Just Facts – Bias and Credibility

Just Facts - Right Center Bias - Conservative - Republican - ChristianFactual Reporting: Mostly Factual - Mostly Credible and Reliable


These media sources are slightly to moderately conservative in bias. They often publish factual information that utilizes loaded words (wording that attempts to influence an audience by appealing to emotion or stereotypes) to favor conservative causes. These sources are generally trustworthy for information but may require further investigation. See all Right-Center sources.

  • Overall, we rate Just Facts Right-Center Biased based on the promotion of information that favors the right. We also rate them Mostly Factual for reporting due to unbalanced fact checks that favor the right.

Detailed Report

Factual Reporting: MOSTLY FACTUAL
Country: USA
Press Freedom Rank: MOSTLY FREE
Media Type: Website
Traffic/Popularity: Minimal Traffic


According to the Just Facts about page, “The mission of Just Facts is to research and publish straightforward and thorough facts about public policy issues. To accomplish this with impartiality and excellence, we abide by Standards of Credibility to determine what constitutes a credible fact and what does not.

Read our profile on the United States government and media.

Funded by / Ownership

The owner of this website is James D. Agresti, who also operates the website Just Facts Daily that we have rated as also having a right-center bias. Mr. Agresti is also the author of the book Rational Conclusions, evidencing factual support for the Bible across various academic disciplines. Mr. Agresti’s Christian political bias is evident on the Just Facts Daily website, but less so here. Just Facts is a Non-Profit.

Analysis / Bias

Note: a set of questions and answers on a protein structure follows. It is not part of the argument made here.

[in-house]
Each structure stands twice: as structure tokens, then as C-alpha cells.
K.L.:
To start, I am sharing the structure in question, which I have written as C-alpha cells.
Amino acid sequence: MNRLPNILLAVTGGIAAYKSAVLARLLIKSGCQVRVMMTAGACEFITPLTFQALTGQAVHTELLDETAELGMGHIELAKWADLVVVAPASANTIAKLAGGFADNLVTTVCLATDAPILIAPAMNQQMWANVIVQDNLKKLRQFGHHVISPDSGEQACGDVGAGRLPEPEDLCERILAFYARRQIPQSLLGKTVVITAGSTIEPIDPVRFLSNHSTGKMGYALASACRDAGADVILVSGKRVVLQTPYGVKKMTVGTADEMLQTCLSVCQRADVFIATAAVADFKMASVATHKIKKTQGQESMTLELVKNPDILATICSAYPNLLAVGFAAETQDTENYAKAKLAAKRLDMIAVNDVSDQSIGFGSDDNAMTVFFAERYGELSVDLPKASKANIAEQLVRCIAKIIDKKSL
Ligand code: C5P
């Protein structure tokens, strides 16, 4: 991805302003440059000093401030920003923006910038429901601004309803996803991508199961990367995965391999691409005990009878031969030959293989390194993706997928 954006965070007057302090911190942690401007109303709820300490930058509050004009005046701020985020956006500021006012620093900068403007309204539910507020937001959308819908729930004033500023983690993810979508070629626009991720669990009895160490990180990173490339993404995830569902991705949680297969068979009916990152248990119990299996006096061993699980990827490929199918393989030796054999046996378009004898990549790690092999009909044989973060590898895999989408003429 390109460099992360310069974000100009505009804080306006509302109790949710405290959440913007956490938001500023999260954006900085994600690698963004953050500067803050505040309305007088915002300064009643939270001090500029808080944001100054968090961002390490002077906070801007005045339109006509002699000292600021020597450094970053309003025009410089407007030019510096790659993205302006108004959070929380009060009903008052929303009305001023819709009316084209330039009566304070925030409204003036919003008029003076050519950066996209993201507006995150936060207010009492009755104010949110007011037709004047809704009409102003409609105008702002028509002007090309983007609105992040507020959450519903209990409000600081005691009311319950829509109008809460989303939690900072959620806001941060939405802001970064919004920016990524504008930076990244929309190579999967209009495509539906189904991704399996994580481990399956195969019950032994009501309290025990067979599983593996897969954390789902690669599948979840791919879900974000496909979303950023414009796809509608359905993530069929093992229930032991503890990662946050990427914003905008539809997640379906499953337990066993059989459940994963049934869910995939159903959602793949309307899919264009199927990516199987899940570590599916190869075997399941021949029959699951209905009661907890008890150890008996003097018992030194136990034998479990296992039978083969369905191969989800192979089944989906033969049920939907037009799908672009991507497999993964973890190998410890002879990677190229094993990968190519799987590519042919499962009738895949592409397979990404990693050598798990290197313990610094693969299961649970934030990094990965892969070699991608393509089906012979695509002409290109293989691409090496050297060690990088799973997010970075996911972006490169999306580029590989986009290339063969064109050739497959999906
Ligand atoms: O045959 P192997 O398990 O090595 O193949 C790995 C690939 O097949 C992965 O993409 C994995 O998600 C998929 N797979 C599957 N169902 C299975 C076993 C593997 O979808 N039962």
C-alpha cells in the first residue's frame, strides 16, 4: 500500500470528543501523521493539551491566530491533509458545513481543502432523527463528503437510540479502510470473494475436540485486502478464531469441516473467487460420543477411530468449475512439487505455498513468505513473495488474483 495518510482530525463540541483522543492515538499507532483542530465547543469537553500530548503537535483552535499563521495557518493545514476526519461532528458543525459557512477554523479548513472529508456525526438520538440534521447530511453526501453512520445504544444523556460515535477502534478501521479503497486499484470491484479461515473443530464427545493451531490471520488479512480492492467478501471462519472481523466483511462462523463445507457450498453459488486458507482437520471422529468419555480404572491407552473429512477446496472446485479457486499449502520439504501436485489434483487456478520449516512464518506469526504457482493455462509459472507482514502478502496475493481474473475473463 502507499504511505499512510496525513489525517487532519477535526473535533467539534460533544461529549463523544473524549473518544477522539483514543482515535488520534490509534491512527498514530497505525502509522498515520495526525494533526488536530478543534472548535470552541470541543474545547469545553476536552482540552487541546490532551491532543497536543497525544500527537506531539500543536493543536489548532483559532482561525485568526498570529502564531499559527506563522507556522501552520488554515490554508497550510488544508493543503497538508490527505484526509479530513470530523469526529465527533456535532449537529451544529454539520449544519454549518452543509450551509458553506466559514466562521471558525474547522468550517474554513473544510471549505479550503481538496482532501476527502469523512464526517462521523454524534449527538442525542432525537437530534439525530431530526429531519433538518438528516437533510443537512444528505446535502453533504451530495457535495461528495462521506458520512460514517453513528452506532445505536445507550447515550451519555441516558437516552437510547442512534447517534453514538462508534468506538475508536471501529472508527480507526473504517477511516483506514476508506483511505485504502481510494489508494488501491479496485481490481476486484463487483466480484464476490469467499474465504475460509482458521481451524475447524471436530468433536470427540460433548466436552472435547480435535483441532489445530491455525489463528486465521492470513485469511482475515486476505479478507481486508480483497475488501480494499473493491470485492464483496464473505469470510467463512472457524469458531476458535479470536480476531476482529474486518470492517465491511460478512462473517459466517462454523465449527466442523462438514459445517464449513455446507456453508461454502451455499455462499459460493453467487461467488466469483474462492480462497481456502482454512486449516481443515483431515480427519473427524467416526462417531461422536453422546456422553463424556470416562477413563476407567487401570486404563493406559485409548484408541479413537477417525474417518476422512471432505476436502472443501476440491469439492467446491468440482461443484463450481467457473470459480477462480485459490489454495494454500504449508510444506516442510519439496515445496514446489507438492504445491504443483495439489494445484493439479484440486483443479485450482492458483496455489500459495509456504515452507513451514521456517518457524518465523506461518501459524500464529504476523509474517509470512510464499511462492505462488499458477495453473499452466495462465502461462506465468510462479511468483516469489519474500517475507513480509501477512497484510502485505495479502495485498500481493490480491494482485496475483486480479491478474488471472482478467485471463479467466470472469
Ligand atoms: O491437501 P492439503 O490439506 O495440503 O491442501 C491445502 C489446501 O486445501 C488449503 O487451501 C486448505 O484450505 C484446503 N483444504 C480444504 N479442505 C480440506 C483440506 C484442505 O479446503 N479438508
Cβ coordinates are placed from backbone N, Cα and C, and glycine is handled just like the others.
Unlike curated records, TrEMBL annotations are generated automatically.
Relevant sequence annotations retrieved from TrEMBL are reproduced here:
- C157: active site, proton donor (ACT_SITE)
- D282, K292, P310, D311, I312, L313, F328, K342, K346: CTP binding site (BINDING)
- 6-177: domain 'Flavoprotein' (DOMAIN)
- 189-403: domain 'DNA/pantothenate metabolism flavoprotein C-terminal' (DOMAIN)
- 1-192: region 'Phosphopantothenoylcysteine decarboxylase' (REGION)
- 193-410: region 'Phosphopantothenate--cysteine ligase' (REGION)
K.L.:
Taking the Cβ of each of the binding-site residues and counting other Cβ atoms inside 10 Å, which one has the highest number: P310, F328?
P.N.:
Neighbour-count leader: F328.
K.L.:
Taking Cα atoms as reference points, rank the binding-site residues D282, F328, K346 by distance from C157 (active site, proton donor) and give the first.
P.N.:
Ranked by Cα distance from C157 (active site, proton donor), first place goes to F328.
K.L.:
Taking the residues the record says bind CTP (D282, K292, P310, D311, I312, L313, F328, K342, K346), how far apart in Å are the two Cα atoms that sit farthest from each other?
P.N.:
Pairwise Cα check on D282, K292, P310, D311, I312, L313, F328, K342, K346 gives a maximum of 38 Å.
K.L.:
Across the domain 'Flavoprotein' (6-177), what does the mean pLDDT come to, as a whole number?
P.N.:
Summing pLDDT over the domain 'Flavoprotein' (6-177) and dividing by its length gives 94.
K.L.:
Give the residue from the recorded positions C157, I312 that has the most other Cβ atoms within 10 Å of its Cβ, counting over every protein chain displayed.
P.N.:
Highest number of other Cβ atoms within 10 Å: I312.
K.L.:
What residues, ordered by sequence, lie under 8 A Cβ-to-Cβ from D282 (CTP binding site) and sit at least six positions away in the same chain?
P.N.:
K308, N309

Reviewing this website is quite challenging due to the sheer volume of information presented. It simply is not possible to cover it all. What I did was I looked at all the policy positions presented and read sections of each, and applied what I read to our methodology. Our first criteria are the use of loaded words and headlines. My review shows zero use of loaded words, and headlines always match the content of articles; therefore, Just Facts scores 0/10 in these criteria. The second criteria we evaluate is factual reporting/sourcing. Just Facts is downright impressive in this category as everything is sourced to credible information from respected sources. Our third criteria are Story Choices (do they cover both sides). In this category, Just Facts selected a wide variety of policy topics. However, in this category, we found a rightward bias based on the selection of information presented. The clearest evidence for this can be seen when thoroughly reviewing their gun control research where just Just Facts supports one of three conclusions: 1) further gun control leads to increased death, 2) gun control laws do not effectively limit gun possession, or 3) gun control is unconstitutional in some way. There are no facts on the JF gun control page that support the opposite opinion that further control may benefit some parts of America. JF’s one-sided view align with the political right on this issue.